"No two parties are identical, so you must always remember what makes your particular party special. With an office Christmas party, for example, there are two main components that distinguish it from others: it has a clear theme (Christmas) and a formal group of guests (coworkers and their families)."
Here, Vidula and Abishek explain what to do and what to avoid when setting up the office Christmas party.
Create and follow a timeline
"As with any large project, you must organise and execute a plan of action. Remember that, even though you're planning an event that is supposed to be fun, it will still require a lot of hard work from you," Abishek says.
According to Vidula, first decide on the date, time and venue. Because your coworkers have differing schedules both inside and outside the office, it's your job to find the time and place that accommodates the most people.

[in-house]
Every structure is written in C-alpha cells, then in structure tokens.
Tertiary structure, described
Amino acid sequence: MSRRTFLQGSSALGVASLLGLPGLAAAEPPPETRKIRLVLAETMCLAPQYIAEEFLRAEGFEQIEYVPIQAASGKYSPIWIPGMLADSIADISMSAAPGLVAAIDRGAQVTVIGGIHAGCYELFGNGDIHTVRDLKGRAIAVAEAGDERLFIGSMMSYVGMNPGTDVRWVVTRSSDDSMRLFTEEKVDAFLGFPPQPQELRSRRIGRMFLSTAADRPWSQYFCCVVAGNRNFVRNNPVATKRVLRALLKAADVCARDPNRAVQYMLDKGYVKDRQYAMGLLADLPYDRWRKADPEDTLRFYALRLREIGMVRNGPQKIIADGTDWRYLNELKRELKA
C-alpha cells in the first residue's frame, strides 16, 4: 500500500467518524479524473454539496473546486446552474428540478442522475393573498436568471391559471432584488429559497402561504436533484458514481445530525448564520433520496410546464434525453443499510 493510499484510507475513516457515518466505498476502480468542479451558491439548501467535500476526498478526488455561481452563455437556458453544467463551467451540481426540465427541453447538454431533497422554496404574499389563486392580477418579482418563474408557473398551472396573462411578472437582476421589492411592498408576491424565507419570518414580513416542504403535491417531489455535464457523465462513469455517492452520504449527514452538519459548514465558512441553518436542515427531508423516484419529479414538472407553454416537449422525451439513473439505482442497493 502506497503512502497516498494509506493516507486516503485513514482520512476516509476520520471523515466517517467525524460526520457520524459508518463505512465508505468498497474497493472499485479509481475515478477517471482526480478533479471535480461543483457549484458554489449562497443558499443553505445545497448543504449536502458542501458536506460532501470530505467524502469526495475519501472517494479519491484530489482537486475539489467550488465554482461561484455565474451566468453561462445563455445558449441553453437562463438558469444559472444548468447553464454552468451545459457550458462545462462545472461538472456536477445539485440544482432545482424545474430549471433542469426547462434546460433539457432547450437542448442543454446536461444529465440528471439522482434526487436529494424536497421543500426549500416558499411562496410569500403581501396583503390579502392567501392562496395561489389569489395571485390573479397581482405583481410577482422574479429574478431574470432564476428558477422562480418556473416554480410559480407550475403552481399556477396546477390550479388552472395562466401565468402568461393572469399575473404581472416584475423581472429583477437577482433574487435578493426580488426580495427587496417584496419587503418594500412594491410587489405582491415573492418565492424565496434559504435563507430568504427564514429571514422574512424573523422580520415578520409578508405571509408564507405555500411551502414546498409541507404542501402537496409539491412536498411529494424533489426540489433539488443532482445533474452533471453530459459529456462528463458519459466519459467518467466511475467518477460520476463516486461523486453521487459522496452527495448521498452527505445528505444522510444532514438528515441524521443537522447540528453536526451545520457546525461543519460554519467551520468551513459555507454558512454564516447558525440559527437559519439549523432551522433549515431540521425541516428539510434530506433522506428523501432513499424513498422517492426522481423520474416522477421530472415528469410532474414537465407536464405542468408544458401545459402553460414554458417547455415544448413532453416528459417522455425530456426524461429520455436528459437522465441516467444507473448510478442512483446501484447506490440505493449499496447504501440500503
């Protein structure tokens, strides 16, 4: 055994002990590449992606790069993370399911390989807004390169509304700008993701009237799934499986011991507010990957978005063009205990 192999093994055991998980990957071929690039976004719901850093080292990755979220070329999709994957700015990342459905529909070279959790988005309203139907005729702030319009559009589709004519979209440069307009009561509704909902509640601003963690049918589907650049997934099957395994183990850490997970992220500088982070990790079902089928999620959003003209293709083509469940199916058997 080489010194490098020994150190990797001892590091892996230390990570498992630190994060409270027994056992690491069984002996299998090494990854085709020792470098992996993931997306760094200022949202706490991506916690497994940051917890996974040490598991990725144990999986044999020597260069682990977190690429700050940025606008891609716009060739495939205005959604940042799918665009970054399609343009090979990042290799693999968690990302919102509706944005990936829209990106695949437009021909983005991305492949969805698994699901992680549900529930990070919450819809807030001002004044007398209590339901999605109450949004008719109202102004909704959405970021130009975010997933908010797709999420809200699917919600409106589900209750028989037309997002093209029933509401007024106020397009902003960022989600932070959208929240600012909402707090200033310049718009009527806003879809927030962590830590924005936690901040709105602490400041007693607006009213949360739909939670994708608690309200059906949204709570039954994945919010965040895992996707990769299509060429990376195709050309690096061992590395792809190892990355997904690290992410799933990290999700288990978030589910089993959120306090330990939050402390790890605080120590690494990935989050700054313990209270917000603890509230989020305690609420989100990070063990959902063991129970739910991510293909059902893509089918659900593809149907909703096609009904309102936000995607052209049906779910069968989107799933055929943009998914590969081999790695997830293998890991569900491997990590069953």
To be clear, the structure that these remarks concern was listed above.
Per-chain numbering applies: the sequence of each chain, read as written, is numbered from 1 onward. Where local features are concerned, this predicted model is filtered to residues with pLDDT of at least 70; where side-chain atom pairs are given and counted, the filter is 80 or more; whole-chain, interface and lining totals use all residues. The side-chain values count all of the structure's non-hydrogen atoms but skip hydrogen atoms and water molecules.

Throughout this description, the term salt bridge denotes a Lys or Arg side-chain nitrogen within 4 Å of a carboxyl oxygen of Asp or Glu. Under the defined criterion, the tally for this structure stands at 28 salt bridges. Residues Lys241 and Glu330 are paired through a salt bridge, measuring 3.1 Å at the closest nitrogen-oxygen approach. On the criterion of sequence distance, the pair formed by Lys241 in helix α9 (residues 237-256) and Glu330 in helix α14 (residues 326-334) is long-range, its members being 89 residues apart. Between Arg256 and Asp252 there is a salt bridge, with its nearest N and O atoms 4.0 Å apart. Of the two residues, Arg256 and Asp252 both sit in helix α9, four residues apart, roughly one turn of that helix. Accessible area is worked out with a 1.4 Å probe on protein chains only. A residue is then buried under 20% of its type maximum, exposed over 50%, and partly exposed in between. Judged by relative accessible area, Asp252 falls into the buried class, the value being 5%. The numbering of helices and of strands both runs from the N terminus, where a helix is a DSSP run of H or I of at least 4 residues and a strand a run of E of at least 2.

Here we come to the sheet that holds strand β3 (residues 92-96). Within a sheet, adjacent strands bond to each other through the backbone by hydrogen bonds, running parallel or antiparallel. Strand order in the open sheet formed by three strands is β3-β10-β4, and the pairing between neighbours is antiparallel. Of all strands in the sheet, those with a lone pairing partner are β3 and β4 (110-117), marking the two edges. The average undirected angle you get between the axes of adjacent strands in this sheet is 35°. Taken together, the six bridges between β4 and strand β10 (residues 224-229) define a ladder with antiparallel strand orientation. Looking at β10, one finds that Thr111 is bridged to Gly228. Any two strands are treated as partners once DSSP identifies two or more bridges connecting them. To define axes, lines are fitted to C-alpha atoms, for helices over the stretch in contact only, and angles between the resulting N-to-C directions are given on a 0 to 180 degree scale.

"As far as the date, try to ensure that the following day is a weekend or holiday, so people don't have to come into office. As for time, earlier in the evening is better than later, as people will be less inclined to party too late. I scheduled the 2003 party for a Monday night at 9 pm. Big mistake. Some people drank too much and didn't leave until 2 am! They were quite hungover the next day at work. Other people were too worried about office in the morning, so they didn't enjoy themselves. In later years, I always scheduled the event for a Friday at 7 pm. What a difference! People danced the night away guiltlessly, but still ended at a reasonable hour. Plus, no work the next day!"
After establishing the date and time, you must send out invitations. Be sure to do this at least a month in advance, so that your coworkers can make provisions and plans.